Last Tuesday, a homemade explosive was set off next door to the Colorado Springs chapter of the National Association for the Advancement of Colored People (NAACP). The bomb was placed in front of a barber shop next door to the NAACP office. There were no injuries and only minor damage according to the police. “An improvised explosive device was detonated against the building, but it was too soon to know whether the nation’s oldest civil rights organization was the target,” FBI spokeswoman Amy Sanders said. The only reason there were no injuries is that a gasoline can placed next to the bomb failed to ignite. Even so the blast was heard throughout the neighborhood. The FBI sent members of its Joint Terrorism Task Force to help investigate. Sanders said investigators were looking for a balding white man in his 40s who may be driving a dirty pickup truck. This was not the bombing of the Sixteenth Street Baptist Church in Birmingham, Alabama, that killed four African-American girls and injured 14 others during church services in 1963. But this was the sound of a civil rights movement that is far from over.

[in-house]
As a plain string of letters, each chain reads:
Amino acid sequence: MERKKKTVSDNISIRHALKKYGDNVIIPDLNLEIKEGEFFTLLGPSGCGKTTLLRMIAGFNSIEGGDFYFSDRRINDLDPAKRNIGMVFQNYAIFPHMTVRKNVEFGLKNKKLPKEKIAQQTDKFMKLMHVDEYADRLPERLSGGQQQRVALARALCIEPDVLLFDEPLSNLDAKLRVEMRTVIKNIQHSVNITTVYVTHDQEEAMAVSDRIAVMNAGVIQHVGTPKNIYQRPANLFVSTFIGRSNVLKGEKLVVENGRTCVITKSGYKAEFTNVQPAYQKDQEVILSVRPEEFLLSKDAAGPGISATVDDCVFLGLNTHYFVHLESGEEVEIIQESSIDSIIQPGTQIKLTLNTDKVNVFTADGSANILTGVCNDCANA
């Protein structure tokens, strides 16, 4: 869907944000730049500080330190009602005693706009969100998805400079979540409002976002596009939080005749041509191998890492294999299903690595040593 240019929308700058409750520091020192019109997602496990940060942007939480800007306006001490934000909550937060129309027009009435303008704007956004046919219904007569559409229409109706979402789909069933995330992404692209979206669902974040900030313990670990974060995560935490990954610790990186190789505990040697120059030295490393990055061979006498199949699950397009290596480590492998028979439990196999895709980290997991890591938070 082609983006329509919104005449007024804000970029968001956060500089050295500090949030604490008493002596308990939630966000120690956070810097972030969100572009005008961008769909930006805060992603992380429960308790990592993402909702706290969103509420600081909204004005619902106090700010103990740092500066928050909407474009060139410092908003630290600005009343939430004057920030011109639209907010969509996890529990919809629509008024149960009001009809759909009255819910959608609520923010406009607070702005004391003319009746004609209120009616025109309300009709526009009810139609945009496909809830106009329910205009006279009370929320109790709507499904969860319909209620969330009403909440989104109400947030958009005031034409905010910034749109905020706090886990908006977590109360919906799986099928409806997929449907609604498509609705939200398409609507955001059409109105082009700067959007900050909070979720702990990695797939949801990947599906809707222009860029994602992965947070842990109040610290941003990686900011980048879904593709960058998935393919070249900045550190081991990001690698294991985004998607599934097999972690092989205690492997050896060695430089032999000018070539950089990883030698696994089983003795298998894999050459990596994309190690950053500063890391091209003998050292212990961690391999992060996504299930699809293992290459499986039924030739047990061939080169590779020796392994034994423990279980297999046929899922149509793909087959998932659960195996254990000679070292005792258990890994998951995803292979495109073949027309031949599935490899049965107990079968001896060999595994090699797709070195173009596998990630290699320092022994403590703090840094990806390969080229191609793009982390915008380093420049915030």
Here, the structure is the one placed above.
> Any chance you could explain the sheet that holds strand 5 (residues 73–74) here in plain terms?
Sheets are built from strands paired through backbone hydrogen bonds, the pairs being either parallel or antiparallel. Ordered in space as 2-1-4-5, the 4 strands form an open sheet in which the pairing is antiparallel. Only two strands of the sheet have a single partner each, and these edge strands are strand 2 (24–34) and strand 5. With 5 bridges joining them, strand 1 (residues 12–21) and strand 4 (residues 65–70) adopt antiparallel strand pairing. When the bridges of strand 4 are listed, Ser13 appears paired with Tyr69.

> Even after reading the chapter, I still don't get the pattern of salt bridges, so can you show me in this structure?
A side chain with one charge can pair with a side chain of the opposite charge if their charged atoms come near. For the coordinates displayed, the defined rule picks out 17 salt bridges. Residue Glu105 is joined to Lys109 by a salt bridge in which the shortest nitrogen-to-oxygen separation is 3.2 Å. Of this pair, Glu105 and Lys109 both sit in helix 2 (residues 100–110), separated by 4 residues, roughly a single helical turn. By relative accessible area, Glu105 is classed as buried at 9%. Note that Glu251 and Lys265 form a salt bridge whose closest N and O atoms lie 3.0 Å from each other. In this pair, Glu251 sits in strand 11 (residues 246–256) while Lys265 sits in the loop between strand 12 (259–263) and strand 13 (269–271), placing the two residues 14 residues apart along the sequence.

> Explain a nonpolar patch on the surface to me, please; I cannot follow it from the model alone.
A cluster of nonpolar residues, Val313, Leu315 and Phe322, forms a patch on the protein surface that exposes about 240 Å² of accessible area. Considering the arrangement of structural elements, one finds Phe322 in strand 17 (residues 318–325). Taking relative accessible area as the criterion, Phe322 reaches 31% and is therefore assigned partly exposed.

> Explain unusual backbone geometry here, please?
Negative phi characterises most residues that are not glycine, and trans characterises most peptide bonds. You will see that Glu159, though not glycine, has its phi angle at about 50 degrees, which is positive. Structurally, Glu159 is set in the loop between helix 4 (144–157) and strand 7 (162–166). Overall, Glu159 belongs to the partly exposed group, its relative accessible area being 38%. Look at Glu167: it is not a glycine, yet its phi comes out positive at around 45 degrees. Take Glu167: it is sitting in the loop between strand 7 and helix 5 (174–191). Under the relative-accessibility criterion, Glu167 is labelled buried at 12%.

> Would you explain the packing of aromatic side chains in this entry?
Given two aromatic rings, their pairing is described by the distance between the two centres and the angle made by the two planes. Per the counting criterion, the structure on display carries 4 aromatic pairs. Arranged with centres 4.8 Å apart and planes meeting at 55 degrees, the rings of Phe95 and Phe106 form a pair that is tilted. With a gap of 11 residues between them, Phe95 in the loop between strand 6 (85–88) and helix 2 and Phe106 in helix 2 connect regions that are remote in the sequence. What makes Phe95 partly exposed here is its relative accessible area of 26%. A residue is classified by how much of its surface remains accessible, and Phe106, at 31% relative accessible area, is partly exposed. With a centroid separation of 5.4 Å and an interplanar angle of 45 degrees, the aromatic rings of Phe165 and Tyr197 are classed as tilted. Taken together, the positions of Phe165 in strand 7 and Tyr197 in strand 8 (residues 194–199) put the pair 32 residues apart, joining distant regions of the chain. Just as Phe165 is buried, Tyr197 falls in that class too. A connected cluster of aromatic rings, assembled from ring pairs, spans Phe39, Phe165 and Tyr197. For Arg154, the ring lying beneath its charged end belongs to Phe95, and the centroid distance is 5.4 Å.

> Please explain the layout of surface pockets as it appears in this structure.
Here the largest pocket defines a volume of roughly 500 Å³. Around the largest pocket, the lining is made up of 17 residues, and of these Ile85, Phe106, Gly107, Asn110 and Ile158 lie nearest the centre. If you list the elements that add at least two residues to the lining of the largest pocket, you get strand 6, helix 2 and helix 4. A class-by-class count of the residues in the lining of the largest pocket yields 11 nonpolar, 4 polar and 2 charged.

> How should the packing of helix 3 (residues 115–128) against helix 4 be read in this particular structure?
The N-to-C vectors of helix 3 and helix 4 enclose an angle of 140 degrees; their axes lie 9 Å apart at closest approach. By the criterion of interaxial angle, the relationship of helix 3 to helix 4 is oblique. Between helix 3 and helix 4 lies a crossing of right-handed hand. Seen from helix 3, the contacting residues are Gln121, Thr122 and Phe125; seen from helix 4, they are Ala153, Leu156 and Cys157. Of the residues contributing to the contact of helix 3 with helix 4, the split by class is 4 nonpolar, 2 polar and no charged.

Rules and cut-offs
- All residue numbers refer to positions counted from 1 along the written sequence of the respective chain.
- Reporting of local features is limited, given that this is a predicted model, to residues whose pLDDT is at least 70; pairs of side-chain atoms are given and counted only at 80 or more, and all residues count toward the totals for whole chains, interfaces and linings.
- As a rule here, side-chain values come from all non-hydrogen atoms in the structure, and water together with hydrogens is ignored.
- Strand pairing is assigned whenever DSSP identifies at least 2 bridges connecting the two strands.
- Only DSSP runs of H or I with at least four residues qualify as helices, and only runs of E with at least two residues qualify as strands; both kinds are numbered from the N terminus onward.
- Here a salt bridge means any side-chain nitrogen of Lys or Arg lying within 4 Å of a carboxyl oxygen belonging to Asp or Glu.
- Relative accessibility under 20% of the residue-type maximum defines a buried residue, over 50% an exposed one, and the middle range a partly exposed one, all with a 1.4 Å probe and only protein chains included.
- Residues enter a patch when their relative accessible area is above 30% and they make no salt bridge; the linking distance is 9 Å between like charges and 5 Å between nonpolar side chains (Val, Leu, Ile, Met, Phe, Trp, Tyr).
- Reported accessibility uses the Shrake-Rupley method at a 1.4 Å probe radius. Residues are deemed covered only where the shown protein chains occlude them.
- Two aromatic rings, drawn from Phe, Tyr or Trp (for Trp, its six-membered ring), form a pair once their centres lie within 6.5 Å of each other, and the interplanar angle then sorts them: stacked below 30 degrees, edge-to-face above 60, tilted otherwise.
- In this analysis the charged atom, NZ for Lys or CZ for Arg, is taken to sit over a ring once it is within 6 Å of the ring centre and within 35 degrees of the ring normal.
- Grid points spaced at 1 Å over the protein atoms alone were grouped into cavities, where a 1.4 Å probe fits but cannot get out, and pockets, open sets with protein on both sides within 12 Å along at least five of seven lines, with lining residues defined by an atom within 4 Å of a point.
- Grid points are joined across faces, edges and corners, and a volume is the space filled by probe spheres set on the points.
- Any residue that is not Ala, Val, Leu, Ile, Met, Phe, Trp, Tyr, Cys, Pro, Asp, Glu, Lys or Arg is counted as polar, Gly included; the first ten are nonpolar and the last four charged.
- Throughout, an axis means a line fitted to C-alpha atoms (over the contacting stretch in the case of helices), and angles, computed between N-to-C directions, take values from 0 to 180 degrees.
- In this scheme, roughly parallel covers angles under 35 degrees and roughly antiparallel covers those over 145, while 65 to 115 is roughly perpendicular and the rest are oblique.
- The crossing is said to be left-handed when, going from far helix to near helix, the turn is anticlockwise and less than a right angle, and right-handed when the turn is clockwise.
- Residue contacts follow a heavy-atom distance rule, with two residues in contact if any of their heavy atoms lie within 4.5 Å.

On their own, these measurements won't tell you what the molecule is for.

By Ameen Omar
Why do citizens of a democratic society ignore state-sponsored terrorism? As U.S. citizens, we have seen numerous cases where our own state was the chief perpetrator of torture and human rights violations but have hesitated to speak out against it. Do we think our government always acts in our best interest or do we overlook these cases because we believe that the victims deserve it? Let us look at two stories that indicate U.S. involvement in human rights violations that offer no evidence as justification.
Australians offer to go with Muslim Australians in public places if they fear racist backlash #illridewithyou So much better than bigotry
— Julian Burnside (@JulianBurnside) December 15, 2014
Julian Burnside, Australian Lawyer and Human Rights Activist